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Most diamonds come from the mining of kimberlite deposits. Diamondiferous pipes, which are ‘pipes’ of mineral-rich volcanic rock containing diamonds, are known as primary deposits. Diamondiferous pipes are the solidified cores of kimberlite or lamproite volcanoes.

Grading and sorting rough diamonds in Kimberley, South AfricaGrading and sorting rough diamonds in Kimberley, South Africa

Deposits that contain diamonds which have travelled some distance from their original source are referred to as secondary deposits. These deposits are formed when primary kimberlites become weathered and the diamonds are released and deposited into river beds and beach gravels. The diamonds that are now found in Namibia, for example, have travelled over 1,000 miles from their original source in southern Africa, transported by the Orange River.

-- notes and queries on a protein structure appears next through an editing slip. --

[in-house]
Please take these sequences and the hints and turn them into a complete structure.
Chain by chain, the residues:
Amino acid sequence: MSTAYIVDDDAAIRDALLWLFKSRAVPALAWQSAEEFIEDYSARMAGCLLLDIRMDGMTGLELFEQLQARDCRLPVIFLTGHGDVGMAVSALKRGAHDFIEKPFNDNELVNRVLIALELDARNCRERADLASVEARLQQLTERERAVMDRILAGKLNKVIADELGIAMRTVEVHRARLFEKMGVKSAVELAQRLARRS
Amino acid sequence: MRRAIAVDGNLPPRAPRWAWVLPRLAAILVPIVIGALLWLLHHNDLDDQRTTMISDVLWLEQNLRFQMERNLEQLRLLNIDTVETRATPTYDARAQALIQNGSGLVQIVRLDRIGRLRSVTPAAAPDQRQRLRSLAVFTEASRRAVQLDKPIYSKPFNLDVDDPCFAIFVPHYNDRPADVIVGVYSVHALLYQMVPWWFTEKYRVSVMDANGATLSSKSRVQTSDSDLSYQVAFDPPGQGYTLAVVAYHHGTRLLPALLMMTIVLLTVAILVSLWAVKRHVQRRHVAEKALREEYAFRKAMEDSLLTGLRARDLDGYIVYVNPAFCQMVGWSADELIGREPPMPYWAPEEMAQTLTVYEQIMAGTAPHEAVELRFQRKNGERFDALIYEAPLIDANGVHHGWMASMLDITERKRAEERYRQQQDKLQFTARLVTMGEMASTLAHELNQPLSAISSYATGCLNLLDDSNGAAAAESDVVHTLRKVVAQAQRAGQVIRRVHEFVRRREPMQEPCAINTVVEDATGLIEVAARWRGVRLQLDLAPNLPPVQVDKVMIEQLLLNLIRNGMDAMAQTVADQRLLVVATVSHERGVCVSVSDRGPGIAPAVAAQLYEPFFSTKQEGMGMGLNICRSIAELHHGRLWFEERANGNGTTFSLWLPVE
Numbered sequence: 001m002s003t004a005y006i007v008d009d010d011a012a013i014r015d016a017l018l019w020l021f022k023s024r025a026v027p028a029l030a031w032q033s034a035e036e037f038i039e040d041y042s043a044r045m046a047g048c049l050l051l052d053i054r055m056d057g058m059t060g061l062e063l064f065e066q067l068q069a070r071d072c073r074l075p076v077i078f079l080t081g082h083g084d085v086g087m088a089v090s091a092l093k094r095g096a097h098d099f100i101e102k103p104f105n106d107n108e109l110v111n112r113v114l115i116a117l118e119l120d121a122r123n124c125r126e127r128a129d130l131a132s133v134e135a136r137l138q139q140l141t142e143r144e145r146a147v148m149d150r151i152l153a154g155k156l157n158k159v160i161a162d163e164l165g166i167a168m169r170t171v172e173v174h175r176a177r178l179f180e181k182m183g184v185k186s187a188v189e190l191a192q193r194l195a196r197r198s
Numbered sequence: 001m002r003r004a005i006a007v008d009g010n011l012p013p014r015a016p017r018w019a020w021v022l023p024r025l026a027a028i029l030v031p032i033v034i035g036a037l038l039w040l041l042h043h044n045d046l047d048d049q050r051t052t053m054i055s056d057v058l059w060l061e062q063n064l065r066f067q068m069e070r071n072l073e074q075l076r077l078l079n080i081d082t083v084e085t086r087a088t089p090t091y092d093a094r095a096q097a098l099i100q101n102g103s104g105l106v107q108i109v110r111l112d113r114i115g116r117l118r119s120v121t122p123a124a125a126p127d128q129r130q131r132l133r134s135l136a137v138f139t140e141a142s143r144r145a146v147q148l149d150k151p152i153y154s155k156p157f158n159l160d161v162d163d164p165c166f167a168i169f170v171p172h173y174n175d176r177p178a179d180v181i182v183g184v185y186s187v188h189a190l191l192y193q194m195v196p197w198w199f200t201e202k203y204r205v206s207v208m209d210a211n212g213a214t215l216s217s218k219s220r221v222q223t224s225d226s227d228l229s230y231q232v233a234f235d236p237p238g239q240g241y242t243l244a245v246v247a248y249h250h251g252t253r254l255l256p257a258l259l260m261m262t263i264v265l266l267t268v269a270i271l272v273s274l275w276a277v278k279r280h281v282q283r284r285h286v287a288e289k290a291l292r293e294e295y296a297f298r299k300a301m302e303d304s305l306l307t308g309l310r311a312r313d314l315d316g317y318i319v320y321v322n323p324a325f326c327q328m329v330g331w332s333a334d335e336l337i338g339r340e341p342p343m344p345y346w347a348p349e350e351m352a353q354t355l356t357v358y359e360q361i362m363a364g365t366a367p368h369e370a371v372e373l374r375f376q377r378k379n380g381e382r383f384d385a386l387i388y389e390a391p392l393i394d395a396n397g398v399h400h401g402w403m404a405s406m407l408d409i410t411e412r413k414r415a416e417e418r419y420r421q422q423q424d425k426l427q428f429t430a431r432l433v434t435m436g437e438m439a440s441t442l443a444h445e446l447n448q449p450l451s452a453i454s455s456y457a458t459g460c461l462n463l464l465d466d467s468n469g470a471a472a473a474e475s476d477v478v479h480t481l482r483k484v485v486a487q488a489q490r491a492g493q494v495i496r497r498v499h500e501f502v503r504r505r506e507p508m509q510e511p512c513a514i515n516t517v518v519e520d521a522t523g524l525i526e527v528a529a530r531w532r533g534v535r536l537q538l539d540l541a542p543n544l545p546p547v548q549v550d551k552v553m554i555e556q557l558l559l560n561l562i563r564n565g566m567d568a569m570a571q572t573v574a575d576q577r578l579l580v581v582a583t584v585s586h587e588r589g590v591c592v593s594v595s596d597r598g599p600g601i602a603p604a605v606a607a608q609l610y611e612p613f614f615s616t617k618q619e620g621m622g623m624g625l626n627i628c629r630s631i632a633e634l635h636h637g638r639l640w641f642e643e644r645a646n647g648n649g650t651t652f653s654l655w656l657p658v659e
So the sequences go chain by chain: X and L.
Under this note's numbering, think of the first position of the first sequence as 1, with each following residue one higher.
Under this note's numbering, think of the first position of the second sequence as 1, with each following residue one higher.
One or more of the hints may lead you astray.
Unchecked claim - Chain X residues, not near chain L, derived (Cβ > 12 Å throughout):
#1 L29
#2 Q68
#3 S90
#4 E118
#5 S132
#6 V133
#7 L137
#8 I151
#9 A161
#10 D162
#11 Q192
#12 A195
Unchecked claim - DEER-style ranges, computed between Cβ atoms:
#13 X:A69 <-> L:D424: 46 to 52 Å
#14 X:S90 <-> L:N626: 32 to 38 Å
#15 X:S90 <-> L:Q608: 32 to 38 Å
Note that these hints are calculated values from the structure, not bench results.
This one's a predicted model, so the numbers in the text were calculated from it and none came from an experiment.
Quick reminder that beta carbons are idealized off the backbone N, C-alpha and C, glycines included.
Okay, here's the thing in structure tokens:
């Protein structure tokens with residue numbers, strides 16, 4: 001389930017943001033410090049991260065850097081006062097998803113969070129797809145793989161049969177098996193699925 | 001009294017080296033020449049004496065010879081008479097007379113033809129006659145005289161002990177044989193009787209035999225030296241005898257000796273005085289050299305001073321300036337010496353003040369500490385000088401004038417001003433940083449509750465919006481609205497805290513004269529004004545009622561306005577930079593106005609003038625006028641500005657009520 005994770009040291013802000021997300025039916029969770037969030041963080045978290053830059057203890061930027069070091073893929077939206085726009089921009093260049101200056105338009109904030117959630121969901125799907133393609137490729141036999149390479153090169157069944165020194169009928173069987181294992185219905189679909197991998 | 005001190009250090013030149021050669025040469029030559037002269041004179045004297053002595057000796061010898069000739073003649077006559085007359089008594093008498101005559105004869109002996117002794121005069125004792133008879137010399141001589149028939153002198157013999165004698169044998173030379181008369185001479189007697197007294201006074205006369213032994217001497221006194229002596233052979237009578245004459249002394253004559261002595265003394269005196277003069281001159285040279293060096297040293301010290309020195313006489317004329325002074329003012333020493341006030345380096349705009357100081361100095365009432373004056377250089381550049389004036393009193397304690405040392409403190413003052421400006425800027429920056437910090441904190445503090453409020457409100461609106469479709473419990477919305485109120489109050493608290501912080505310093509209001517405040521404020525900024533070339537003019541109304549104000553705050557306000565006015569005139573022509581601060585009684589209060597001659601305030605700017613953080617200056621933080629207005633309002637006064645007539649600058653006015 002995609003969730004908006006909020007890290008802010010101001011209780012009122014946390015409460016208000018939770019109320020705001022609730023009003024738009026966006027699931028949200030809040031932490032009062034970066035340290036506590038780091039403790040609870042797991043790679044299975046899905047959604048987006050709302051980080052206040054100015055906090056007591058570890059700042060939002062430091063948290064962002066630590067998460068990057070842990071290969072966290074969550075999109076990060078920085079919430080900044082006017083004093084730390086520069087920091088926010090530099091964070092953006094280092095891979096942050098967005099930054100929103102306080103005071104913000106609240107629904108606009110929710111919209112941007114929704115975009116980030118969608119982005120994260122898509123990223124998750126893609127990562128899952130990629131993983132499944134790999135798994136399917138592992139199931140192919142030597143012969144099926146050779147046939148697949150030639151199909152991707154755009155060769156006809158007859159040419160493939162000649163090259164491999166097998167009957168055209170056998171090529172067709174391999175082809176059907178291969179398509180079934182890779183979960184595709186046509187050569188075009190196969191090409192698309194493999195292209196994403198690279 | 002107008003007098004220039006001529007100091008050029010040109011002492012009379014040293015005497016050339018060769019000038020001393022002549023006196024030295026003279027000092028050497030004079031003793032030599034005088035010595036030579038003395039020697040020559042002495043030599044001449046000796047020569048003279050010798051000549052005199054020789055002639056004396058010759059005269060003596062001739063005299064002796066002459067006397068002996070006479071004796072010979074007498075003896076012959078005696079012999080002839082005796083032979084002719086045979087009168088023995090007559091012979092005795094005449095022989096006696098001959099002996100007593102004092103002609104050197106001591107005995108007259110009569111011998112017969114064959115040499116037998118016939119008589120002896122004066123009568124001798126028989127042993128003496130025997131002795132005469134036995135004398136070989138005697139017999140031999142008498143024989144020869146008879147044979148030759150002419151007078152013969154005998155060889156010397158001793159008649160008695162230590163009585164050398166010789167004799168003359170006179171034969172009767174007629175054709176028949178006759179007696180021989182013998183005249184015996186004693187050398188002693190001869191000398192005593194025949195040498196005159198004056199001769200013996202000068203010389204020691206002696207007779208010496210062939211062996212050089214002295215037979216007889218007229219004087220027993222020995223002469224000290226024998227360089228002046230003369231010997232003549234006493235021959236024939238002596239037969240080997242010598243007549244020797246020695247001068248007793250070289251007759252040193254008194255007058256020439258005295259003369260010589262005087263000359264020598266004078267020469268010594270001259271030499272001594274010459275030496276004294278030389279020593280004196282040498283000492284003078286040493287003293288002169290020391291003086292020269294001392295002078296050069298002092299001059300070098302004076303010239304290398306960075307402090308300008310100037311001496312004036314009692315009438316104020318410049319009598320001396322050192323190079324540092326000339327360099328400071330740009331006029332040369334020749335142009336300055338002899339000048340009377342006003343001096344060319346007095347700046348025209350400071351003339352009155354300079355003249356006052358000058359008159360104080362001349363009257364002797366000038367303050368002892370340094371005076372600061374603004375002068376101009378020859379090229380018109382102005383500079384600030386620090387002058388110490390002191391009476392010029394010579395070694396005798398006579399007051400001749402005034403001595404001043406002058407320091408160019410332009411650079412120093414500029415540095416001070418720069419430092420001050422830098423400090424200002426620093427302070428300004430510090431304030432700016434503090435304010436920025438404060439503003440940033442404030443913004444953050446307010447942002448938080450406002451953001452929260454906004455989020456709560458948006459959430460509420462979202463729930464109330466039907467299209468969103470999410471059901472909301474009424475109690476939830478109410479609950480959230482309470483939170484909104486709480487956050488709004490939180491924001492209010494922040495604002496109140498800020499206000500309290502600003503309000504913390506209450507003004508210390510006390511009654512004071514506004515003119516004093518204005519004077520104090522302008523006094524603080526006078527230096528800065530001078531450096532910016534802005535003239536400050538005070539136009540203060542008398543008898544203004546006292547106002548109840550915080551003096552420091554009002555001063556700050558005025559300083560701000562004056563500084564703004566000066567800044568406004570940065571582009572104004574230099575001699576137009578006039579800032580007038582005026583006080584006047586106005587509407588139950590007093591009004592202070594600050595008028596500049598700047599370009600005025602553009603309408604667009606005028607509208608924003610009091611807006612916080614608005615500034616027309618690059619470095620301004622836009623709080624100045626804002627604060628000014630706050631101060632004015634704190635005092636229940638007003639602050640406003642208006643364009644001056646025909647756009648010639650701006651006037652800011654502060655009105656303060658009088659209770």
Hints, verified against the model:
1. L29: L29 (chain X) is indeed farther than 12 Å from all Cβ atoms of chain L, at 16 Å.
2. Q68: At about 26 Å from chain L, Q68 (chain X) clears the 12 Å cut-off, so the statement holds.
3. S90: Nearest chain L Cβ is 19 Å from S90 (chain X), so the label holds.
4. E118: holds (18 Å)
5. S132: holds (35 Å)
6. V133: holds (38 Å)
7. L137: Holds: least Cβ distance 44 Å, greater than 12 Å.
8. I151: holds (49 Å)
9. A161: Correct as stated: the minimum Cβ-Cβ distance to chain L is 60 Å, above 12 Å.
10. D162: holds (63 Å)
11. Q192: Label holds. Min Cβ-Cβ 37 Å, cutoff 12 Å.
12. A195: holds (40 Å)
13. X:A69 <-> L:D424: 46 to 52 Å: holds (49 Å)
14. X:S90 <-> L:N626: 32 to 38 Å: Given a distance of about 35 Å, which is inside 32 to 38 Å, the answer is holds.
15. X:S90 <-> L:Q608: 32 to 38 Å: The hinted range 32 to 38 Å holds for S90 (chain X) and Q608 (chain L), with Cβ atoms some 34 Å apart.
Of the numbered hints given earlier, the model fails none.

Rough or uncut diamonds are broadly classified either as gem or industrial quality diamonds, with gem representing by far the larger of the two markets by value (over 99%).

The primary world market for gem diamonds is in retail jewellery, where aspects such as size, colour, shape and clarity have a large impact on valuation.

De Beers, through the Diamond Trading Company, and its partners in Botswana, South Africa and Namibia, supplies its clients - known as ‘Sightholders’ - with parcels of rough diamonds that are specifically aligned to their respective cutting and polishing needs.

Up to two-thirds of the world’s diamonds by value originate from southern and central Africa, while significant sources have been discovered in Russia, Australia and Canada.

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